Q: Is early specialization dangerous to a child’s mental health? 

Parmar: Specializing in a single sport, especially before puberty, is linked with more injuries, overall stress, and burnout in athletes. The American Academy of Pediatrics recommends trying different sports when young to reduce the risk of longer-term adverse outcomes.  

Participating in different sports benefits overall personality development, leadership and team-building skills, develops a broader spectrum of skills, and encourages better health in general. When you specialize in a single sport, you are at higher risk of overusing the same group of muscles, which are bound to get worn out or injured over time. 

Q: How does injury impact a child athlete’s mental health? 

Parmar: A significant sports injury not only hurts the child physically, but it can have lasting emotional effects. Many are devastated and lost without the sport, especially if they have devoted a significant part of their life to it. They may feel pressured to hide their true emotions and act tough.  

Teach athletes that difficult emotions are a normal part of play just like physical injuries. It is OK to take time to process them and ask for help when needed. Unattended emotions can lead to serious conditions like depression and anxiety disorder, and even alcohol or substance abuse as they struggle to cope with feelings. 

Athletes need to be physically and mentally fit. Star athletes like Simone Biles face tremendous pressure when they represent their countries on a global stage. One can only imagine their true internal feelings before facing every game, weighed down by the pressure of an expected flawless performance. The world can forget that even star athletes are humans and are vulnerable to weaknesses and can make mistakes.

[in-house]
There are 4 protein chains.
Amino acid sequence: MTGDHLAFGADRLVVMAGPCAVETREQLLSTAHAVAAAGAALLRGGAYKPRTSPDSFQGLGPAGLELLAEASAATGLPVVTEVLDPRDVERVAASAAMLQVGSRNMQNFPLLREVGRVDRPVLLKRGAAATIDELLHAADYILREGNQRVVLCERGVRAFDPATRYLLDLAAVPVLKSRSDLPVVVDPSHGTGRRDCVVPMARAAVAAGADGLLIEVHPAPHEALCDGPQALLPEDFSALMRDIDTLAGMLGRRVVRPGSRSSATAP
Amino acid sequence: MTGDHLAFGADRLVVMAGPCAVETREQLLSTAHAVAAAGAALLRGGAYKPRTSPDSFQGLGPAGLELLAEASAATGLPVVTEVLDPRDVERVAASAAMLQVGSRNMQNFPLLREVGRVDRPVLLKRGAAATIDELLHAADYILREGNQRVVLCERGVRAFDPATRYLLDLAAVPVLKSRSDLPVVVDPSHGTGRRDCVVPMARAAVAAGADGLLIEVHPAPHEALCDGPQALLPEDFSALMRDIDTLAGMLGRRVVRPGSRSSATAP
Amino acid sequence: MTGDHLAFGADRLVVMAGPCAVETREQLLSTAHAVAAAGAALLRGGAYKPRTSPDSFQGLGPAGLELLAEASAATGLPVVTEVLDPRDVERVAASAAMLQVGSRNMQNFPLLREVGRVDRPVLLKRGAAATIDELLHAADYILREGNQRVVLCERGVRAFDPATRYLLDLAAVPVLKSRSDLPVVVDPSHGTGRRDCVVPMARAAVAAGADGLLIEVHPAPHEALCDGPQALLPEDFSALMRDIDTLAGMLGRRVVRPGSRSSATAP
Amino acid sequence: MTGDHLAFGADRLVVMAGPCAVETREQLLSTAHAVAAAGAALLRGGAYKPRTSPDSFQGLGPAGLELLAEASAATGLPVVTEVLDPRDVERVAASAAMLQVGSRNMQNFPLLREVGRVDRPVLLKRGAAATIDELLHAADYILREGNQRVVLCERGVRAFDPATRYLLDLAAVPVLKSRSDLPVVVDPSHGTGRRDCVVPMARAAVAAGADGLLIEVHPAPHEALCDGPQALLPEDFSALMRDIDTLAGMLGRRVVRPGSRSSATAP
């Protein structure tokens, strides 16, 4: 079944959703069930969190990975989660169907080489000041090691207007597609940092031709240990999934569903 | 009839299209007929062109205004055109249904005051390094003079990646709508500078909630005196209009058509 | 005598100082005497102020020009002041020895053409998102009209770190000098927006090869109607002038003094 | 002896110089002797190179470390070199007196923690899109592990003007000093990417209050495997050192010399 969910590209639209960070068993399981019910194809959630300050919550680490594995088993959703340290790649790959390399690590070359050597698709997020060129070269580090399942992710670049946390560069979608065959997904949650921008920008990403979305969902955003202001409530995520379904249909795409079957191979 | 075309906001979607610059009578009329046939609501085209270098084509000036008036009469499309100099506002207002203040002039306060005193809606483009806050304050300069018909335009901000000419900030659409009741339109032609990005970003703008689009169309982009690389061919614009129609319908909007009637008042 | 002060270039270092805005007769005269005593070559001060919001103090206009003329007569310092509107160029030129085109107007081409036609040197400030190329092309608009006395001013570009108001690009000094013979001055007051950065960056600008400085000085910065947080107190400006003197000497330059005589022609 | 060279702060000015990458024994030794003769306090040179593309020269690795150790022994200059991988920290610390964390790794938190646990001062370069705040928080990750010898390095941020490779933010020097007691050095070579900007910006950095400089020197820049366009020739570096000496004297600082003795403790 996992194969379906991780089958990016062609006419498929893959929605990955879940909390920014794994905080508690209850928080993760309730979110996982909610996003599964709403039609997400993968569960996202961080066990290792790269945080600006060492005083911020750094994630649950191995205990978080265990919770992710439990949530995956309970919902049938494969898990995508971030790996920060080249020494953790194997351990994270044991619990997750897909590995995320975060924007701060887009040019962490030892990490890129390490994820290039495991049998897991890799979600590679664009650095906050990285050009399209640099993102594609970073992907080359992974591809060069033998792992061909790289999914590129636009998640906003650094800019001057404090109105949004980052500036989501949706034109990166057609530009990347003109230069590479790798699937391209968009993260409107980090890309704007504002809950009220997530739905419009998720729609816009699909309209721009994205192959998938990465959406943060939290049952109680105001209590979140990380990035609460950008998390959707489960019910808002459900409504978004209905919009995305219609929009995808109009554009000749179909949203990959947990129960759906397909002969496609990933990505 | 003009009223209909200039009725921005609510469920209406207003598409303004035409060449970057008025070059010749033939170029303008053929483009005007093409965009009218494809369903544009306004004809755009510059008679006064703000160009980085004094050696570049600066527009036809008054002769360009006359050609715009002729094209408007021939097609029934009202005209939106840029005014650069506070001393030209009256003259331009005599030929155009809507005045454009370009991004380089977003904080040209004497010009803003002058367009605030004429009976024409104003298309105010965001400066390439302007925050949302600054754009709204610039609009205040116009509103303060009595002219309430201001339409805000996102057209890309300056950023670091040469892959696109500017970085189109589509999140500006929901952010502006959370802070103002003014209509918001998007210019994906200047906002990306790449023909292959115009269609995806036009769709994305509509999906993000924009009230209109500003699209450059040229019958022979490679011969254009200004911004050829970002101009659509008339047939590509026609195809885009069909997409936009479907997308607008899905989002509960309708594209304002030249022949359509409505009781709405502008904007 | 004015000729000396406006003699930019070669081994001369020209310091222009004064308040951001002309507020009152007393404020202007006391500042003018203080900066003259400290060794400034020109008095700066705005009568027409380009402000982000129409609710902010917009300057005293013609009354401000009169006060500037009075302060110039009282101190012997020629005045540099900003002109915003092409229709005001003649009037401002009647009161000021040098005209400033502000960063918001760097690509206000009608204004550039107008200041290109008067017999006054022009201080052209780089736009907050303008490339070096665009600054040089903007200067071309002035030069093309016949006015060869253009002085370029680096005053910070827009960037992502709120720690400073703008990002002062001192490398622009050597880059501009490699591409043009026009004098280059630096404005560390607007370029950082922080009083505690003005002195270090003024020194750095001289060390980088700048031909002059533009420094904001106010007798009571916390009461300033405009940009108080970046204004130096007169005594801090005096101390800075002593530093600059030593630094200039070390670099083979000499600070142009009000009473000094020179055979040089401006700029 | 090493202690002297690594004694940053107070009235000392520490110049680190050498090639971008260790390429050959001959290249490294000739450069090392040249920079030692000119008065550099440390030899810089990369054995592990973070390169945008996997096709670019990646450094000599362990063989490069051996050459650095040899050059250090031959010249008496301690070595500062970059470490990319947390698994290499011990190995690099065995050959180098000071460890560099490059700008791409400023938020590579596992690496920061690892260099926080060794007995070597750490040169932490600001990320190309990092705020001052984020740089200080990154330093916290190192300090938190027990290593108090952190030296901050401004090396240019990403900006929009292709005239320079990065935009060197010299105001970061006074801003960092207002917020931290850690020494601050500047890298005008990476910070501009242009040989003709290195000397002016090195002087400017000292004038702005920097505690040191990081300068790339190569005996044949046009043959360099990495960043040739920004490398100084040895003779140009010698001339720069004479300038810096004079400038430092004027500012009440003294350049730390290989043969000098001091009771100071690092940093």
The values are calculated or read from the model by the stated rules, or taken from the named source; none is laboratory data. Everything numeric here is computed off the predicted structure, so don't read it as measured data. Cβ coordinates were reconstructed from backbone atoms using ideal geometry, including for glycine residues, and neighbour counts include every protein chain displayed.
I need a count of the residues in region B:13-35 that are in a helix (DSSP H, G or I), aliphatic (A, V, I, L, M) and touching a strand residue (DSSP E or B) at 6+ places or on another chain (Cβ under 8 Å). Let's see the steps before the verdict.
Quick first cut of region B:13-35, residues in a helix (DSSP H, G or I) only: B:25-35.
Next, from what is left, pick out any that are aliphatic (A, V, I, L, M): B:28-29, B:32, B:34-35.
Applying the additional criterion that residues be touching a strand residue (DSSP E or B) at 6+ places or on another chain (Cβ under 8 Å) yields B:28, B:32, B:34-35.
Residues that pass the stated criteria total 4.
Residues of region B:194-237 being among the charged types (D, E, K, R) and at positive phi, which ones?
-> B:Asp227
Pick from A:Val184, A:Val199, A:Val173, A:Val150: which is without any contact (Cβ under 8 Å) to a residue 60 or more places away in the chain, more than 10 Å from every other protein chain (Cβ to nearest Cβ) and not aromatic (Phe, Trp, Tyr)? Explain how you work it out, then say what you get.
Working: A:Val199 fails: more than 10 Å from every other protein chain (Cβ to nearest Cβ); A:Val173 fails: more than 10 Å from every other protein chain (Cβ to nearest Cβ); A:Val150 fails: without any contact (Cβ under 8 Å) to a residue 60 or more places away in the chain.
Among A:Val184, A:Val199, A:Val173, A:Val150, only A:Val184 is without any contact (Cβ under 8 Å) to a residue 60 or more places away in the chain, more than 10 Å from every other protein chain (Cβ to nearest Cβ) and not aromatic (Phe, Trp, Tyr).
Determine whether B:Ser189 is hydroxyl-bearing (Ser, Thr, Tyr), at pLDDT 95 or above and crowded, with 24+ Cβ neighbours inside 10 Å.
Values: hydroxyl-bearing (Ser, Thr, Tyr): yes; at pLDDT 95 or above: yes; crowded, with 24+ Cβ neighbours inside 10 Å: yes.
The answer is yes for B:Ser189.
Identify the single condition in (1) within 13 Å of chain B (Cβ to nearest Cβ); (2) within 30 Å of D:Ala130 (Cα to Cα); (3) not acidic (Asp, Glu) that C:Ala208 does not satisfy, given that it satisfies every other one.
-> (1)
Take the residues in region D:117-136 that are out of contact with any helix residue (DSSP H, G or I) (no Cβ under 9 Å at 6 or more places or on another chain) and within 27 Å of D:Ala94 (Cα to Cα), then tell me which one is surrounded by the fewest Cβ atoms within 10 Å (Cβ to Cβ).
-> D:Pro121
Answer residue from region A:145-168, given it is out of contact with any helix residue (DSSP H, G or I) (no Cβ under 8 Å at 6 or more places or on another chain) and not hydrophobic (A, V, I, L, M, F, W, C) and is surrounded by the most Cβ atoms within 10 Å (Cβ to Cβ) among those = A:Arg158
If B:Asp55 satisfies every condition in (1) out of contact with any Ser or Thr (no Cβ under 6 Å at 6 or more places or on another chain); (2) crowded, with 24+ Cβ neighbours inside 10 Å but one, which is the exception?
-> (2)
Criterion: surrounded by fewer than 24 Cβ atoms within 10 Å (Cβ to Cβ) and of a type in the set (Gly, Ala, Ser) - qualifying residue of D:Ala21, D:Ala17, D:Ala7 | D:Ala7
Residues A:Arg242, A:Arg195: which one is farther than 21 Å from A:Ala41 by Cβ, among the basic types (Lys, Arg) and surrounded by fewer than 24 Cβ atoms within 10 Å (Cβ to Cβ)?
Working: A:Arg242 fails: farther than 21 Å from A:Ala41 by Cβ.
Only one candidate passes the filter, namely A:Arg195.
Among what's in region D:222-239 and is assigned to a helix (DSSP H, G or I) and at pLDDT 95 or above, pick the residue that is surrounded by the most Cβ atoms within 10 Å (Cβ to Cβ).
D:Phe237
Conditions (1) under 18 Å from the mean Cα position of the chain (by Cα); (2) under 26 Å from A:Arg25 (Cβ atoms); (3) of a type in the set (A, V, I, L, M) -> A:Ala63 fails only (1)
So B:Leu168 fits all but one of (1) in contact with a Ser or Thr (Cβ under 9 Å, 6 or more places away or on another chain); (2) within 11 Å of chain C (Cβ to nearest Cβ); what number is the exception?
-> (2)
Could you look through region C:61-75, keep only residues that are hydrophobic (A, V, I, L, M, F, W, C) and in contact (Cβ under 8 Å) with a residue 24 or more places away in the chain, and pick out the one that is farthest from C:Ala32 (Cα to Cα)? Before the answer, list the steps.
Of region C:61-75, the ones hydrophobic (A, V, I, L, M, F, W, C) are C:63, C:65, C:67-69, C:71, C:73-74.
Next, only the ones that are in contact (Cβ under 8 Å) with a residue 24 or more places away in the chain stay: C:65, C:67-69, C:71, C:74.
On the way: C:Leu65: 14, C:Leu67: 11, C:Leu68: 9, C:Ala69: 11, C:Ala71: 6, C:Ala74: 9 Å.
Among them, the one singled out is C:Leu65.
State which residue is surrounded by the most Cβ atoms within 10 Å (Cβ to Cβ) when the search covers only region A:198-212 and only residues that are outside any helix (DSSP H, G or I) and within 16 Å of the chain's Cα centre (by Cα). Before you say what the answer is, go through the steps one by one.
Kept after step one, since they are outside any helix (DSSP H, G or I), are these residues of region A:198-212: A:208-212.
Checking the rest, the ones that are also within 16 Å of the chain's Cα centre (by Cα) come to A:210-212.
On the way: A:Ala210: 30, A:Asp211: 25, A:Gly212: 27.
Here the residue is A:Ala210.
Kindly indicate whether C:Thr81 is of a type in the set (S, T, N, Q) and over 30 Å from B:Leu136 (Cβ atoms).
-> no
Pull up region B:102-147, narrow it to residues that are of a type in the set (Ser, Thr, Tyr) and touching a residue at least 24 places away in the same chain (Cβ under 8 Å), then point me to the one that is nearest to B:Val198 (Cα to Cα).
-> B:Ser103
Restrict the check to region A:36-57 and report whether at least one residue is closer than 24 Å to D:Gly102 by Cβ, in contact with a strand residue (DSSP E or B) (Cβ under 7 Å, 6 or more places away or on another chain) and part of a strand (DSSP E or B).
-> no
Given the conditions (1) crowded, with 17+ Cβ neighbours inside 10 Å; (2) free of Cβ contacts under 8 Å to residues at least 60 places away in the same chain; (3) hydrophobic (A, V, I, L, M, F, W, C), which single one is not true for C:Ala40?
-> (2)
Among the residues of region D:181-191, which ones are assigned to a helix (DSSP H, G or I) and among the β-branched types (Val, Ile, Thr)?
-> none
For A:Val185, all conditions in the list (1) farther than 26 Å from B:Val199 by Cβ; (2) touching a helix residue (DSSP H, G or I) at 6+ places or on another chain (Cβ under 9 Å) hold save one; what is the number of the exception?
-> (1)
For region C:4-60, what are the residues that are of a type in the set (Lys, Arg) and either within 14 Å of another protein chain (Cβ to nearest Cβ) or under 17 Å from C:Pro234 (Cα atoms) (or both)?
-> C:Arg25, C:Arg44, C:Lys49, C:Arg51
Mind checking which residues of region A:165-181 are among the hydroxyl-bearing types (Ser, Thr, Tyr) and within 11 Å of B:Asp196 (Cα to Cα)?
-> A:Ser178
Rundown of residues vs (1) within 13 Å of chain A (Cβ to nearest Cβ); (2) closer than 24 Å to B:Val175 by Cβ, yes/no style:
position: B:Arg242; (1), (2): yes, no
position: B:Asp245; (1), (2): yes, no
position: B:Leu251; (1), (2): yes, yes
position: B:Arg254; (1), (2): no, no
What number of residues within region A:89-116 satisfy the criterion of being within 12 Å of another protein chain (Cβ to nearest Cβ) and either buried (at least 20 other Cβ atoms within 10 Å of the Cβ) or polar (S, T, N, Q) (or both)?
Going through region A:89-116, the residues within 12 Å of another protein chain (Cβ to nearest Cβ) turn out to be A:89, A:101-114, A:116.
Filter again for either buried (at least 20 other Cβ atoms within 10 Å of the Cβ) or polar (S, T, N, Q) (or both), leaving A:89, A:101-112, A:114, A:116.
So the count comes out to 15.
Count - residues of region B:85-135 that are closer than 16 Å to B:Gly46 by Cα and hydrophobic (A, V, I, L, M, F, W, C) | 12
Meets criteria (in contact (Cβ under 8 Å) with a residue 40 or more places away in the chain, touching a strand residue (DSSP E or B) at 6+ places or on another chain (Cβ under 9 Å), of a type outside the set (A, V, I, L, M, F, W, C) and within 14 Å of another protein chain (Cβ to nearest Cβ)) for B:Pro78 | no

There is a huge taboo amongst younger athletes to seek help for their mental health. Many embrace the “perfect” or “superhuman” identity as a normal part of their lives. External pressure from coaches and parents only makes it worse. 

It must have taken Simone Biles a lot of courage and determination to withdraw from the Olympics. She helped pave the way for future athletes to advocate for their emotional wellbeing in face of stressful situations. 


  1. Harry Miller: Ohio State offensive lineman says he is medically retiring from football, citing mental health struggles. CNN. March 11, 2022. Accessed March 14, 2022.
  2. Fieldstadt E. Parents of Stanford soccer captain found dead in dorm say they ‘had no red flags.’ NBC News. March 4, 2022. Accessed March 14, 2022.
  3. Silva D. ‘We’re human, too’: Simone Biles highlights importance of mental health in Olympics withdrawal. NBC News. July 27, 2021. Accessed March 3, 2022.

Rashmi P Parmar, M.D.

Manteca, CA

Dr. Parmar is a double board-certified psychiatrist in Adult and Child Psychiatry. She earned her medical degree at Terna Medical College & Hospital in Mumbai, India. Thereafter, she completed general psychiatry training at Texas Tech University Health Sciences Center program, TX, followed by the Child & Adolescent Psychiatry fellowship training at Hofstra Northwell Health program, NY. Her training has equipped ... Read Full Bio »

Share this Article